A Series of Unfortunate Events

There is something to be said for serendipity.

While searching for information on Francis McDonald, the young man who replaced Stephen Lovewell as Sinclair Township's “road boss” along the Atchison Topeka & Santa Fe, I found a group photo of a few students from Francis’s alma mater, Wesleyan Business College, on Kansasmemory.org.  While one of the scholars does resemble Francis, only one member of the group has been paired with a name.  The third man from the left seated on the front row is identified as one Arley Meek.

Wesleyan College

Although genealogical sleuthing turned up little on Mr. Meek, a search of newspaper archives uncovered the mother lode, dozens of blurbs from small-town papers from widely-separated Kansas communities, concerning the misadventures of what I took to be at least three unfortunate men named Arley Meek.  Turns out, I was wrong.  It took only a few minutes of cross-checking to determine that the 137 items culled from newspapers printed in Courtland, Salina, Mulvane and other towns all refer to the same person, one whose day-to-day life between 1903 and 1916 is summarized by a string of news notes detailing the various mundane doings and remarkable mishaps that befell one extremely unlucky young man.

Some of the earliest mentions of Thomas Arley Meek are simple hometown happenings from the White Rock area, accounts of hauling wood from the creek, assisting one of his neighbors at shucking corn, or helping another put up hay.  As early as 1903 both he and his brother Frank also talked about seeking higher education someday.  Hired to help at the Courtland depot, he began studying telegraphy on his own.  Also in 1903 came the first indication that Arley might be accident-prone, when his buggy was smashed in a runaway accident, though Arley himself was not harmed.  He tried to repair the buggy and did give it a fresh coat a paint, before deciding to buy a new model.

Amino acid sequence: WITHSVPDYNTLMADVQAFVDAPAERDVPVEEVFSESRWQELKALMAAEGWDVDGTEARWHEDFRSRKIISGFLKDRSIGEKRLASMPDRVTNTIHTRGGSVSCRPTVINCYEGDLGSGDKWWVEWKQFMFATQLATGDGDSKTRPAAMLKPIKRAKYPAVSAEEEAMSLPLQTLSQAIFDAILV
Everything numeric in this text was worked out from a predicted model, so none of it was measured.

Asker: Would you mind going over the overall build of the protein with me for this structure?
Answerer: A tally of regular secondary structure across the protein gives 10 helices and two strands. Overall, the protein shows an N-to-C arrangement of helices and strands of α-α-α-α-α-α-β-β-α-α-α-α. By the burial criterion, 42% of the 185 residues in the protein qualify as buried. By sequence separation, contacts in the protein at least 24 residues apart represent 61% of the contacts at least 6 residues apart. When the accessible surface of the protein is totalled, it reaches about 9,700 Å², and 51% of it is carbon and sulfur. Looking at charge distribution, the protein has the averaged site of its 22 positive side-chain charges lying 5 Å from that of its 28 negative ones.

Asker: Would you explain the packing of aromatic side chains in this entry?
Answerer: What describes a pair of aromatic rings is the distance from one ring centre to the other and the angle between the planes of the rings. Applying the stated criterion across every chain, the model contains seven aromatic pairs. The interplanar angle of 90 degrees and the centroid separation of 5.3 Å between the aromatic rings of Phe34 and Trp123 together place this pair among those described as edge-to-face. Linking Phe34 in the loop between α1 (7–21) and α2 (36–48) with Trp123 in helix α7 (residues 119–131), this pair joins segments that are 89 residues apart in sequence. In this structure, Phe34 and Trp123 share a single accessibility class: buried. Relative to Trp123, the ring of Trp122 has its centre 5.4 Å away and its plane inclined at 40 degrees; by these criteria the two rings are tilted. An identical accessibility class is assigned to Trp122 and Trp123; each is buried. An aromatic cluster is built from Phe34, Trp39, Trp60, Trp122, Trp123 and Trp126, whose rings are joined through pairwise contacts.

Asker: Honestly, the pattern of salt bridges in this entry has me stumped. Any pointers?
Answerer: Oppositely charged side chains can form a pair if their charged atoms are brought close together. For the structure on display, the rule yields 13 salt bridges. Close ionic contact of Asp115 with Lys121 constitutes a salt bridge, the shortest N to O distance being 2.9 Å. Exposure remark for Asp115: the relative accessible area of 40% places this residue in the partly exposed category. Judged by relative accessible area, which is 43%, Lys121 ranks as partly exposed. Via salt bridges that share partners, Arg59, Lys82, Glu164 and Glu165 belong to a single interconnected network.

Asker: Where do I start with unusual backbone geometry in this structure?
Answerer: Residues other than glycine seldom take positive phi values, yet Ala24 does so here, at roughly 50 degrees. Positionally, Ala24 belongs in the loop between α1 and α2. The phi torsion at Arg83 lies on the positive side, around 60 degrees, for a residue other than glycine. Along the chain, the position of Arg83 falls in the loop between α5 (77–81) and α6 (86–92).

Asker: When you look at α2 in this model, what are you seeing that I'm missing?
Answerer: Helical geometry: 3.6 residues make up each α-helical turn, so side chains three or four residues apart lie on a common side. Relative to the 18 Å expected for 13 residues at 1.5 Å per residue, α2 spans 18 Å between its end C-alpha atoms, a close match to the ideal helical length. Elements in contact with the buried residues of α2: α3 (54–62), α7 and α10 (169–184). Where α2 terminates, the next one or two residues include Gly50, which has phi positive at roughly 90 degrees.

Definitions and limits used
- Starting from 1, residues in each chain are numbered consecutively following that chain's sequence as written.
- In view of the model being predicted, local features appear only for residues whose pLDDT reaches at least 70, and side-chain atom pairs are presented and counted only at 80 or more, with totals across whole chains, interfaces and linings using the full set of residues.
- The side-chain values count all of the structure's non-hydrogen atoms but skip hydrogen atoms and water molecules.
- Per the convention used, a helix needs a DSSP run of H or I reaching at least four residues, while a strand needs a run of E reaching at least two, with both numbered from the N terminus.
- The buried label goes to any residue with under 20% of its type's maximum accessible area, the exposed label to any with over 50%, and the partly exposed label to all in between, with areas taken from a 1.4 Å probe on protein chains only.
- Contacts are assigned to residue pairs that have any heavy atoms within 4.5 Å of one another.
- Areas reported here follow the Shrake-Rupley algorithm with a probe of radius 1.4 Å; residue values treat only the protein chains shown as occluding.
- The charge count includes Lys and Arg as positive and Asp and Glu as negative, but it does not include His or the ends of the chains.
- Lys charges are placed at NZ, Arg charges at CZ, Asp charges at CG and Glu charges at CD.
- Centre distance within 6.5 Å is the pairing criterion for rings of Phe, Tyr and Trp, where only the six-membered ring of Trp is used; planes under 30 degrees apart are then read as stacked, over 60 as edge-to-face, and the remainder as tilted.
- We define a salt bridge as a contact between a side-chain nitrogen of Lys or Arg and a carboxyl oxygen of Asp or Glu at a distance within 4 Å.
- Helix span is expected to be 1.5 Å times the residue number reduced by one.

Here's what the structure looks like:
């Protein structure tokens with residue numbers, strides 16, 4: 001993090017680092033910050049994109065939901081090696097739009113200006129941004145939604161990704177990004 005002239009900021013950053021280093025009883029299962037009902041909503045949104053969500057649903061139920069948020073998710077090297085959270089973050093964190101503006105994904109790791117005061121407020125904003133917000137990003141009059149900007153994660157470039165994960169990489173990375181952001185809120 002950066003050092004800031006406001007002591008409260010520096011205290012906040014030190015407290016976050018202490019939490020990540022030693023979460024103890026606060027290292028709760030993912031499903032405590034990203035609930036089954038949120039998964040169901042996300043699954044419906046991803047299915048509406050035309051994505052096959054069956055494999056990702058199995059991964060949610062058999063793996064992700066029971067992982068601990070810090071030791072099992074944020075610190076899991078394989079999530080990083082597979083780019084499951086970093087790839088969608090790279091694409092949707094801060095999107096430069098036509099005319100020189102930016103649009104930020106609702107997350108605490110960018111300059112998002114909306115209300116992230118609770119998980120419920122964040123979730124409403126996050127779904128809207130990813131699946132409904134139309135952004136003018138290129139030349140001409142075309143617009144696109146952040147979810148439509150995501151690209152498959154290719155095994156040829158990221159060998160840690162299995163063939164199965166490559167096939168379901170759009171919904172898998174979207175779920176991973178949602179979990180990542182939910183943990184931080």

In 1905 the Courtland Journal devoted a short paragraph to the manifold miseries of a single evening.

Arley Meek met with a series of accidents Thursday night of last week.  He started out with a sleigh, a horse, and a violin, dropped his horse off one end of a bridge while he fell off the other and broke a majority of the commandments before he succeeded in getting back home.  Don’t let Arley know who told you.

Enrolling in Skelton’s School of Telegraphy and Railway Business in Salina in 1906, an institution which would soon be folded into Wesleyan College of Business, Arley must have posed with his classmates for the photograph shown above.  A misunderstanding on his very first night in the big city earned him a lengthy write-up in the Salina Journal.


How a New Boarder Disturbed a Neighborhood.

There was all kinds of excitement at the boarding house at 129 South Seventh street at an early hour this morning and as a result everyone who sleeps there is tired and ‘dopey’ today.  It all came about by the appearance of a new boarder yesterday who was not accustomed to city life.  Arley Meek, a young man who lives at Courtland, came here yesterday to attend the school of telegraphy, and went to the South Seventh street place to board.

At 3 o’clock this morning he heard the town clock strike, and thinking it was the fire bell he rushed to the window to make an investigation.  While looking out a cab passed by and the young man was certain it was the fire department.  He aroused the household and all the boarders, and they rushed pell mell down the street for several blocks in the direction the cab had gone, led by the new boarder.  When it was learned that there was no fire and that the disturbance had been caused by the striking of the town clock and the passing of a cab there came near being trouble.  It was more than an hour before the boarding house was again a scene of quite and peace.